“We hope that US politicians can stop their slander and rumors, and focus on domestic control of the virus, and on global solidarity to fight the virus,” read the statement from the Chinese Embassy.
On the morning of Aug. 1, Amazon workers and supporters shut down Amazon warehouse DSF4 in San Leandro, Ca. for several hours to expose the corporation’s hypocrisy and utter disdain for essential workers. The cul-de-sac where DSF4 is located was jammed full of honking cars that brandished signs calling for workers’ rights and racial justice. A motorcycle crew was in position to block off roads and keep protesters safe while activists held a socially distanced rally with music and revolutionary speeches. Many Amazon workers at the facility watched in quiet excitement — while their warehouse bosses were clearly panicking and refused to talk to organizers.
A coalition including Bay Area Amazonians, Tesla workers, Gig Workers Collective, People’s Strike Bay Area, Workers United Against COVID-19, and the Party for Socialism and Liberation held a car caravan to deliver a petition to the warehouse. The fiery and energetic action blocked entrances and exits to the facility — halting all shipping and loading activity — to demand the warehouse be shut down for deep cleaning, and all workers be given two weeks off with pay to quarantine.
The facility has seen four workers fall ill to COVID-19 in the past month, but management has not taken responsible action to ensure the safety of their workers by stopping operations and cleaning the warehouse. People around the United States have recently demonstrated a profound rage toward Jeff Bezos and Amazon leadership, which has boasted about its solidarity with the Black community and its care for essential workers, while simultaneously denying workers hazard pay and crushing warehouse organizing attempts under the pretense of “social distancing violations.”
Jeff Bezos has made an enormous amount of money during the pandemic, as Amazon is a popular and convenient shopping choice for those who have the means to stay home and socially distance. But these products do not just magically appear on people’s doorsteps.
Speeches by activists with the Bay Area Amazonians outlined this contradiction: Essential workers risk their lives every single day to transport millions of dollars’ worth of product, but who pockets the profits this work generates? Many of Amazon’s warehouse employees and drivers live paycheck-to-paycheck and belong to the same Black and Brown communities which bear the brunt of the COVID-19 pandemic’s deadly impact. Meanwhile, Jeff Bezos is making around $150,000 every single minute, and is on track to be humanity’s first trillionaire.
Who is the benefactor between the capitalist owner and the masses of essential workers who handle Amazon’s daily processes and distribution? Well, Amazon would like for its employees to cling to the idea that Bezos is the benefactor, since he owns the warehouses, owns the trucks, instructs workers on what they should do and pays them a wage. But that is a flawed line of reasoning that seeks to keep workers quiet and to manufacture gratitude toward corporate leadership. In reality, the worker is the benefactor, and the capitalist is a parasite who appropriates the value the worker generates and tosses back a few scraps. This action highlighted that without all the back-breaking work of Amazon’s warehouse employees and drivers, Jeff Bezos would not be making any money.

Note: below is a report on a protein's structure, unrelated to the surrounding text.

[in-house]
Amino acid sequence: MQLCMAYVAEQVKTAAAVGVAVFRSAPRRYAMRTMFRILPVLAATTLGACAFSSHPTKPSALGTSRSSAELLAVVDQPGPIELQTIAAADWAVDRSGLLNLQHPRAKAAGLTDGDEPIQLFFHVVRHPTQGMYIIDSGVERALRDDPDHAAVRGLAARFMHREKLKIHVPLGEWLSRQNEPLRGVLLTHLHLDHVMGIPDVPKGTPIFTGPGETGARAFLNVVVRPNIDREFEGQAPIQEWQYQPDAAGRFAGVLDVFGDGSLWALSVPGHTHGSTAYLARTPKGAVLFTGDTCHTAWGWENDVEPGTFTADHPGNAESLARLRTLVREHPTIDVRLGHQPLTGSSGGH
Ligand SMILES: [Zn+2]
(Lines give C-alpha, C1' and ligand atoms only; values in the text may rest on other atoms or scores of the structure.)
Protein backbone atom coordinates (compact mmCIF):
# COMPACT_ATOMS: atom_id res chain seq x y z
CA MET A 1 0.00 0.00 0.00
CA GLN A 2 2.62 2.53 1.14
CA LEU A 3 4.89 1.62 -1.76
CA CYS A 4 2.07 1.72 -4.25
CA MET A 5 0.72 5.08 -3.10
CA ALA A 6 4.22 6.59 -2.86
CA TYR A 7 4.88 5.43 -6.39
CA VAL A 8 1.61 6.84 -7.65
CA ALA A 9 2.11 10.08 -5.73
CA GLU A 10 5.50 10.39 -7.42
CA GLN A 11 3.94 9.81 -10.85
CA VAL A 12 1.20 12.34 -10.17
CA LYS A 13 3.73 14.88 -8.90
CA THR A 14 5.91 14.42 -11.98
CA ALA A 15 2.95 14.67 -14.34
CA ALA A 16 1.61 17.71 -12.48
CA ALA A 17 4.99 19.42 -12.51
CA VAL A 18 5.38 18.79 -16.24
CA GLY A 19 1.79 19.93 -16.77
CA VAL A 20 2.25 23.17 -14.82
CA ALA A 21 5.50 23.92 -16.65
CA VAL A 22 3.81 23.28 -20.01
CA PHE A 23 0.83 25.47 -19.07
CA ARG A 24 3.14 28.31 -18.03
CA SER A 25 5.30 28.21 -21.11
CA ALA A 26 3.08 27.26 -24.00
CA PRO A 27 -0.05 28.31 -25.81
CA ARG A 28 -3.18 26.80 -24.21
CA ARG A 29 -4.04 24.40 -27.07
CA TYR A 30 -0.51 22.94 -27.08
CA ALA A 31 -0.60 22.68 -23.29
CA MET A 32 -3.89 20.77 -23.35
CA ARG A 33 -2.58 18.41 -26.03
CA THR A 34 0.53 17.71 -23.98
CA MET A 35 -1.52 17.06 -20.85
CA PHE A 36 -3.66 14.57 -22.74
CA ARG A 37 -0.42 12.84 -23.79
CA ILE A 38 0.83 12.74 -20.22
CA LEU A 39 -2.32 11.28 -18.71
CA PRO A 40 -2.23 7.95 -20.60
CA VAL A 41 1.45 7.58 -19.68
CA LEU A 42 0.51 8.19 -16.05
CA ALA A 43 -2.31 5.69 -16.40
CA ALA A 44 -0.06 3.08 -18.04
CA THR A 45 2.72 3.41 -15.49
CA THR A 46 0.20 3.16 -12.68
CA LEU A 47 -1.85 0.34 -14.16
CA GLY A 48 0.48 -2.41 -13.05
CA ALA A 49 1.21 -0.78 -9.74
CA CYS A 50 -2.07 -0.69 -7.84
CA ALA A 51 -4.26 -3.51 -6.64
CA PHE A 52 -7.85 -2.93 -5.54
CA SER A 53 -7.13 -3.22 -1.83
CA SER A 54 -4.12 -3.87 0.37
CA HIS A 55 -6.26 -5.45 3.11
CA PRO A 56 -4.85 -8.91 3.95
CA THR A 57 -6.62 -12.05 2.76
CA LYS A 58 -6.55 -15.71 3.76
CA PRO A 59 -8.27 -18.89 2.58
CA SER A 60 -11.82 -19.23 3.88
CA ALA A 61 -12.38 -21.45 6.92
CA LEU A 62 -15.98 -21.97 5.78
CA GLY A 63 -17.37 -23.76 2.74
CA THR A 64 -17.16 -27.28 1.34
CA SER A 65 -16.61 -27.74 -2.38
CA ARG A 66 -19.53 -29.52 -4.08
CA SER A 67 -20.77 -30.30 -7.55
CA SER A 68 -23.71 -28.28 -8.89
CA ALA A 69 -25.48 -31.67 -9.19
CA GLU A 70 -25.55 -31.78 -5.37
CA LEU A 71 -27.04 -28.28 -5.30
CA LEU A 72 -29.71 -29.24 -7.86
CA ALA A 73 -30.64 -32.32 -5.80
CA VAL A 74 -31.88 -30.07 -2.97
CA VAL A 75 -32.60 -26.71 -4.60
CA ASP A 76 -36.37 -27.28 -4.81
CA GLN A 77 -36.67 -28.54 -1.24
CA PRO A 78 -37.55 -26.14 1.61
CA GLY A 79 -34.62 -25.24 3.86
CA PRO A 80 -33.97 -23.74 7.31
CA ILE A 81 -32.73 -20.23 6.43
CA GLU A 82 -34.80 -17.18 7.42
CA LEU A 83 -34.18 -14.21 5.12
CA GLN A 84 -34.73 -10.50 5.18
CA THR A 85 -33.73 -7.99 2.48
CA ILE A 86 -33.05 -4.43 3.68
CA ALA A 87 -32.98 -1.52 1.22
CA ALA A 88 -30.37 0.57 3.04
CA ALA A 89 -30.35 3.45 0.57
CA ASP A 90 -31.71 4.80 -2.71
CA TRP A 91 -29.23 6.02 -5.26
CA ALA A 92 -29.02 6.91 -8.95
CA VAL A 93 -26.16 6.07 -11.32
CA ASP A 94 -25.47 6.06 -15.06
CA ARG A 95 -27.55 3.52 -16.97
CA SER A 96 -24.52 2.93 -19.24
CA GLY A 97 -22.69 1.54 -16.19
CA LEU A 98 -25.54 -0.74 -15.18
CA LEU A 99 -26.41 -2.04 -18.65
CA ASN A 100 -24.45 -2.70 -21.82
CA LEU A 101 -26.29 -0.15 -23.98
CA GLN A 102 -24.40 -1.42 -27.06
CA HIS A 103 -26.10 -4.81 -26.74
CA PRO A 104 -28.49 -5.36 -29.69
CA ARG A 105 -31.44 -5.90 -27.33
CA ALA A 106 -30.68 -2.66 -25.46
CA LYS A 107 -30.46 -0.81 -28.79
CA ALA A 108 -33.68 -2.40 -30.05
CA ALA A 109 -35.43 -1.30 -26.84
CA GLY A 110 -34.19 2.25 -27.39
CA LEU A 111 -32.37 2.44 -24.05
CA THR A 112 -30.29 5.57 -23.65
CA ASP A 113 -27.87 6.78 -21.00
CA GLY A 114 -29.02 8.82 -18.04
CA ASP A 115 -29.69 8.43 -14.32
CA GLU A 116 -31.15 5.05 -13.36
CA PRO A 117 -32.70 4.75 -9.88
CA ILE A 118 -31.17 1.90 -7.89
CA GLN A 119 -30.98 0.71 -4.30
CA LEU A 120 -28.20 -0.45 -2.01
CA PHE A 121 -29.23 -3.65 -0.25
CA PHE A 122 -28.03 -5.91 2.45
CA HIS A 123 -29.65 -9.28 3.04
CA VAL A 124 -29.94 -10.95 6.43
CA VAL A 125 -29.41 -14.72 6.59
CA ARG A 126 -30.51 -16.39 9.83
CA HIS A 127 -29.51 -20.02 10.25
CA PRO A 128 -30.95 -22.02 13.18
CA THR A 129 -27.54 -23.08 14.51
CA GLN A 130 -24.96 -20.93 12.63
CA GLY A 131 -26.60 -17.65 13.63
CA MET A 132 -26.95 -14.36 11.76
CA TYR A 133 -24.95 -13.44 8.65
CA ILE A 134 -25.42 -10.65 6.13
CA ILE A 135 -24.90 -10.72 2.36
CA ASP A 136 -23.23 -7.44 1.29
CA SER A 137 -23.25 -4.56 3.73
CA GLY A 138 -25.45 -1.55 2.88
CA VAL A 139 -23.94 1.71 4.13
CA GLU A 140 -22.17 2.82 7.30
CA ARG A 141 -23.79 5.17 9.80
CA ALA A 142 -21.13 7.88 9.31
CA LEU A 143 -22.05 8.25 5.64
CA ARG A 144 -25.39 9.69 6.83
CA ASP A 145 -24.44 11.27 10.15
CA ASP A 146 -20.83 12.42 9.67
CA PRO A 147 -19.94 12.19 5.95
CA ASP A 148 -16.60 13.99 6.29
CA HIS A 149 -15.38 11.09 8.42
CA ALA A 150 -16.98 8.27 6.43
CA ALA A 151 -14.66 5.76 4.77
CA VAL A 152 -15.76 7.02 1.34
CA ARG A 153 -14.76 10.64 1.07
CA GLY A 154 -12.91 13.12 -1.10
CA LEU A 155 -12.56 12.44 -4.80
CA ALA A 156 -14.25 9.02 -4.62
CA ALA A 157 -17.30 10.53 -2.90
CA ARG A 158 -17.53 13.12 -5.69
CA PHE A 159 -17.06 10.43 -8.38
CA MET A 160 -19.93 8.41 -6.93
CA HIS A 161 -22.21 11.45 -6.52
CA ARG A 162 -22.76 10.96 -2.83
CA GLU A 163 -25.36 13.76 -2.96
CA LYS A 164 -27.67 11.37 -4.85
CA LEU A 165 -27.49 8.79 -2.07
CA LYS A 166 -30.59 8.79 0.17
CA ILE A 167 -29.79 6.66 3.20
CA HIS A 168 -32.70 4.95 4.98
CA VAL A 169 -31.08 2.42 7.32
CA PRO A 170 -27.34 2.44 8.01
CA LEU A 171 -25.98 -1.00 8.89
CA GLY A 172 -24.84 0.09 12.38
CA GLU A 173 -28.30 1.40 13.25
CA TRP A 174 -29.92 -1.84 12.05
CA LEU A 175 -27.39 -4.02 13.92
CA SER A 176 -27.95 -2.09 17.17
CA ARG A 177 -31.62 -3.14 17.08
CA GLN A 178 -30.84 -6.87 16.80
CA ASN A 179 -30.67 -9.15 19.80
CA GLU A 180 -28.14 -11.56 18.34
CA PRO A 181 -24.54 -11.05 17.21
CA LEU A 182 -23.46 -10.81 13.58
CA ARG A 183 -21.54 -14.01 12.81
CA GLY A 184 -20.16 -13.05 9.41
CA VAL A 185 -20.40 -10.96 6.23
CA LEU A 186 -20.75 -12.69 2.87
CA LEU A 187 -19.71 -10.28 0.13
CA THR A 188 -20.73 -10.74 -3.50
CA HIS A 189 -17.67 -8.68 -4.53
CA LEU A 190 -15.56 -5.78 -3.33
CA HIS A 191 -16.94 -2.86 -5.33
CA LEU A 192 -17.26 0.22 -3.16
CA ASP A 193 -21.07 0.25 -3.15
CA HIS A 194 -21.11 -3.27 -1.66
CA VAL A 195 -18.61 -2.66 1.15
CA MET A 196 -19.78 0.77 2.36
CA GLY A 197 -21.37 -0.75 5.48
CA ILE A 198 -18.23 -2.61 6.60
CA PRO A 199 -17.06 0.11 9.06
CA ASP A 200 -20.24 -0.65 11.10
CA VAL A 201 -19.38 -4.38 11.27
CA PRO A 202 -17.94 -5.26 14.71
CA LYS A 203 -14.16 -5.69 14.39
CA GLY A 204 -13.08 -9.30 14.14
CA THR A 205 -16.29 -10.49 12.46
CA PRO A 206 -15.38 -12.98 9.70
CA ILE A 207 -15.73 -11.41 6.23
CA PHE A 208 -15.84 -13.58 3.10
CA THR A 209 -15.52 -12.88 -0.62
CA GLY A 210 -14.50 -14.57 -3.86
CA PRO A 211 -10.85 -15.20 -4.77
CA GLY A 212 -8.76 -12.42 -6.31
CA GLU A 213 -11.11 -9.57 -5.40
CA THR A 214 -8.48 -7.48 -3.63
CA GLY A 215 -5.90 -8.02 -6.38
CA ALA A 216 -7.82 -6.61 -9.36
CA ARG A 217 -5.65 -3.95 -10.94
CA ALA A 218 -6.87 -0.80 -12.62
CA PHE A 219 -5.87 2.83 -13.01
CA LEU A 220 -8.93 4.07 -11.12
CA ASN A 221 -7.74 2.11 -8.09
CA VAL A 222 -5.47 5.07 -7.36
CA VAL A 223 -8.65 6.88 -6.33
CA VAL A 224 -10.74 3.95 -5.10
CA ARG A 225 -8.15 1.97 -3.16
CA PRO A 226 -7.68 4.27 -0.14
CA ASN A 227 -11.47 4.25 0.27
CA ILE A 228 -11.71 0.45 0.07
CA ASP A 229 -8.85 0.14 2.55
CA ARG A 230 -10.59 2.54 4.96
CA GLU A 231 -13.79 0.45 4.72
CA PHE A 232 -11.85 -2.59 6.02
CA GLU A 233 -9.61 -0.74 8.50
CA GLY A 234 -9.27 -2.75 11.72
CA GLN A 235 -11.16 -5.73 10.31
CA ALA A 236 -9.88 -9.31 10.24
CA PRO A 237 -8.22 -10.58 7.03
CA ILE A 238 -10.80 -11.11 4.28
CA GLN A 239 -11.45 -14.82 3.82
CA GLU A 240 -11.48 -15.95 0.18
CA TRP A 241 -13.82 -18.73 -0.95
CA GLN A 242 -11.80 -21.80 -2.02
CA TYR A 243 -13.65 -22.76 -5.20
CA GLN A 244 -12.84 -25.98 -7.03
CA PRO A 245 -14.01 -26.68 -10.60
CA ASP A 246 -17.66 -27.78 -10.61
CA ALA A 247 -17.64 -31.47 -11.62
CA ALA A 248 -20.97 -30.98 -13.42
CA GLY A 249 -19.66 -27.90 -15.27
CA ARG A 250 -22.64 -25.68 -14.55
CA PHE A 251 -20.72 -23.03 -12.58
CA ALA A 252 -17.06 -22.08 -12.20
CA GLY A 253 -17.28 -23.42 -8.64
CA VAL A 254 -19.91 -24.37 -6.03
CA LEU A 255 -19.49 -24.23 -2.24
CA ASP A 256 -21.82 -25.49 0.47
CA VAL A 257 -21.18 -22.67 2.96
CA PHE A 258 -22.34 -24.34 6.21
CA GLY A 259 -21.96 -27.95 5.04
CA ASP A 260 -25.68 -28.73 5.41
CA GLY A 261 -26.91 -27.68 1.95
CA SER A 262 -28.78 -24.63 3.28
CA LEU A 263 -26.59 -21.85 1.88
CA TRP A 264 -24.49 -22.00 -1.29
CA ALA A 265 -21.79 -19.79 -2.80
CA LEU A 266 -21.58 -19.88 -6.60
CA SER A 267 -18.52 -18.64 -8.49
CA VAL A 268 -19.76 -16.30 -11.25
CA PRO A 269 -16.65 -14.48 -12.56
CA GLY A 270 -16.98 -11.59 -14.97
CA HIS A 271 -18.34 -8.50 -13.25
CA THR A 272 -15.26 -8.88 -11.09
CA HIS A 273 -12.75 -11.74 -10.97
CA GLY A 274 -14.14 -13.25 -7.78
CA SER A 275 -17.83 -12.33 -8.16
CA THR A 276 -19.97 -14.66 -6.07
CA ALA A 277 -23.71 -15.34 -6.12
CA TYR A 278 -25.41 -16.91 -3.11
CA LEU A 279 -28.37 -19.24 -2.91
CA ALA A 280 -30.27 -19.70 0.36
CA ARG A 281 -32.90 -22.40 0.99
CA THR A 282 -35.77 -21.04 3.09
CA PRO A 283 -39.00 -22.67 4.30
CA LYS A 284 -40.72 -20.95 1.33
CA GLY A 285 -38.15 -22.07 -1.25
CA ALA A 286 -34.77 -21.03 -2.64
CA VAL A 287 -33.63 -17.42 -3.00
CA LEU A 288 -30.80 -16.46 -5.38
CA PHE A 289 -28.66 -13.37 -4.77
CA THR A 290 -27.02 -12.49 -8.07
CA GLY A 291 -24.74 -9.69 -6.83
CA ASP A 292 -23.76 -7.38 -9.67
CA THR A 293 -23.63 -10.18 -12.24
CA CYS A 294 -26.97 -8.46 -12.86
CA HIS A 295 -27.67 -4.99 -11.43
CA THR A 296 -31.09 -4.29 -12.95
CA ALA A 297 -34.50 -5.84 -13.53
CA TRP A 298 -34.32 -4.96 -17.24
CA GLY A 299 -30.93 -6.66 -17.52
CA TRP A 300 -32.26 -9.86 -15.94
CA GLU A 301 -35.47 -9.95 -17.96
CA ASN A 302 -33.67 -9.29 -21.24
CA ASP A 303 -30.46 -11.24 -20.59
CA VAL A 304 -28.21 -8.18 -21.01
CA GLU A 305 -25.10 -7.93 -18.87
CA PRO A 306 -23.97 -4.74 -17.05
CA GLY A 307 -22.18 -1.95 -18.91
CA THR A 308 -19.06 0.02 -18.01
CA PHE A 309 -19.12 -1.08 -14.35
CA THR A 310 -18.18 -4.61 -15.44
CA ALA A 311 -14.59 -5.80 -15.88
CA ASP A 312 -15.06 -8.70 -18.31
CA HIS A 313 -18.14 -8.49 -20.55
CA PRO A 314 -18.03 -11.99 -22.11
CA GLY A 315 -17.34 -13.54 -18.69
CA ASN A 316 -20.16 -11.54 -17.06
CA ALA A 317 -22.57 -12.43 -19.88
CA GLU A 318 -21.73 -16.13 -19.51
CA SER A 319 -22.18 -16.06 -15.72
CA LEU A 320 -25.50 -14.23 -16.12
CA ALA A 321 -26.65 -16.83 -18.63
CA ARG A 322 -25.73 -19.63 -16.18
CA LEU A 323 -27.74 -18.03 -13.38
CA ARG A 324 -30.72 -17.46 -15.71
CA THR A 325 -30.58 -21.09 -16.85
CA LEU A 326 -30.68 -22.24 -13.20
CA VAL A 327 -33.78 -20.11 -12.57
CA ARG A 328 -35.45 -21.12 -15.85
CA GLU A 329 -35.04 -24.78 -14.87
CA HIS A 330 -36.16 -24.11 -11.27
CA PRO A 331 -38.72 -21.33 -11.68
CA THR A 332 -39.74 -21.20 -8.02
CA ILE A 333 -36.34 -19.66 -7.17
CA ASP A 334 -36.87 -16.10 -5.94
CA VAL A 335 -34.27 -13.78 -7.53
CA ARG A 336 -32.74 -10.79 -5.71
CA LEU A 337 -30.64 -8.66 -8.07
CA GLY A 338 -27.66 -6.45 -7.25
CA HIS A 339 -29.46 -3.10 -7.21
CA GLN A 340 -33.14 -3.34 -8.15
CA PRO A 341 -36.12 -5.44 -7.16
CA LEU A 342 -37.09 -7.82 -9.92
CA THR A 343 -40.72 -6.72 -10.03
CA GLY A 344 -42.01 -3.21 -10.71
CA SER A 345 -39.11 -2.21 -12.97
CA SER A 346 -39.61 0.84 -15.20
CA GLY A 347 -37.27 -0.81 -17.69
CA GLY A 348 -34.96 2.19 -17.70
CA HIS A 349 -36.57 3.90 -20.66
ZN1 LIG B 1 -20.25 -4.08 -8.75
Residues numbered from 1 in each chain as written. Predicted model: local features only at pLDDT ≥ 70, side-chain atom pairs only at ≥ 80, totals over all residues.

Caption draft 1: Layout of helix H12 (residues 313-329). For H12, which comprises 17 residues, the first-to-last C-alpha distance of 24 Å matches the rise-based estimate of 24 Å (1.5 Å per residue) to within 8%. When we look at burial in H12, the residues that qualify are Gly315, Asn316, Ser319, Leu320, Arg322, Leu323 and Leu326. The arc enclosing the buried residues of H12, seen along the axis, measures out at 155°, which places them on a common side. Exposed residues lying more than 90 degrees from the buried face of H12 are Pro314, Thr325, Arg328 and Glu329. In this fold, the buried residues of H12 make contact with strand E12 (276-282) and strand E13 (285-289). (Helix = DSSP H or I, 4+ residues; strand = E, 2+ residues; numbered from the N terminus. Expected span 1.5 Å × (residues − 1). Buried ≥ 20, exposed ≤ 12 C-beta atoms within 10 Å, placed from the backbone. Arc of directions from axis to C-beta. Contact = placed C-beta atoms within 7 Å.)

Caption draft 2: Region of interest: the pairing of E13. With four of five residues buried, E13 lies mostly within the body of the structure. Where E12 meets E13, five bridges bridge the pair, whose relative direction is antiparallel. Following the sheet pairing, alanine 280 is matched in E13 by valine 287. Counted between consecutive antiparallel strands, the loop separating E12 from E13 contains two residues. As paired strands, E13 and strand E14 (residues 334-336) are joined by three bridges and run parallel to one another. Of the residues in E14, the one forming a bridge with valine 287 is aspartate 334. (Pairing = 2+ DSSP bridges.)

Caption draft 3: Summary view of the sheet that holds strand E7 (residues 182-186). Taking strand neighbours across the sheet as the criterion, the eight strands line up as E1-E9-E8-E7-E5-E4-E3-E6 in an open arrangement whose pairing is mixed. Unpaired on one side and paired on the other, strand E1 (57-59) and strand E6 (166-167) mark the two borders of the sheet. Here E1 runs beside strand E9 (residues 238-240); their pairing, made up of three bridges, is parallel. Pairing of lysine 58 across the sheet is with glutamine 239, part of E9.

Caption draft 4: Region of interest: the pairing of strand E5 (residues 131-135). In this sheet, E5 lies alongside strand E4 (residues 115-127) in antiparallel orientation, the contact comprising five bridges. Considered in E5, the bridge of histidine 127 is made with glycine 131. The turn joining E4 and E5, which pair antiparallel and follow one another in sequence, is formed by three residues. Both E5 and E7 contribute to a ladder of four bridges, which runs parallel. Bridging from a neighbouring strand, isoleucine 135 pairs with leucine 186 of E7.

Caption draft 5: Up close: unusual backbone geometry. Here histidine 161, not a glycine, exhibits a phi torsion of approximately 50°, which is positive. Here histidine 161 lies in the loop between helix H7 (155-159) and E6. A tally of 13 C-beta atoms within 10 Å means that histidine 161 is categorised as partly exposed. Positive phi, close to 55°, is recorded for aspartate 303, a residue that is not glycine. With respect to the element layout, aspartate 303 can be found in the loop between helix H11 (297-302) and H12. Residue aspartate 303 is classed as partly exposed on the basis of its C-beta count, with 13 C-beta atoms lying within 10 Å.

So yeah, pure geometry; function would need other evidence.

More speeches connected the ongoing struggle at Amazon with other workers’ struggles. Present at the action were activists from the International Brotherhood of Teamsters, the International Longshore and Warehouse Union, as well as the Service Employees International Union, all representing the interests of essential workers and their demands for just working conditions and compensation.
Bay Area Amazonians activist and organizer Adrienne Williams explained how Amazon products have to be loaded and unloaded by ILWU port workers, and that Teamster drivers have to handle the safe transport of these products before Amazon workers even interact with them. She also pointed out that Amazon leverages global inequality to seek out the cheapest labor costs and looks with contempt upon the criminally underpaid workers in the Global South who manufacture their products. Read Liberation News’ interview with Williams for more information and a deeper perspective on the workers’ struggle at Amazon.
Amazon’s brutal repression of dissent and consistent union-busting by management makes it difficult for workers to speak up. Many faces the disastrous consequences of the pending eviction crisis in the United States and could easily be fired for fighting back against management. To Amazon, these workers are disposable, since capitalist society forces people to fiercely compete with each other for jobs in a job market that has been utterly devastated by the COVID-19 pandemic. One brave Amazon worker, John Hopkins, was a key organizer of Saturday’s action and gave a powerful speech encouraging his fellow workers to speak up and fight back against corporate bigotry. He also concisely connected the struggle for workers’ rights at Amazon with the struggle for Black liberation: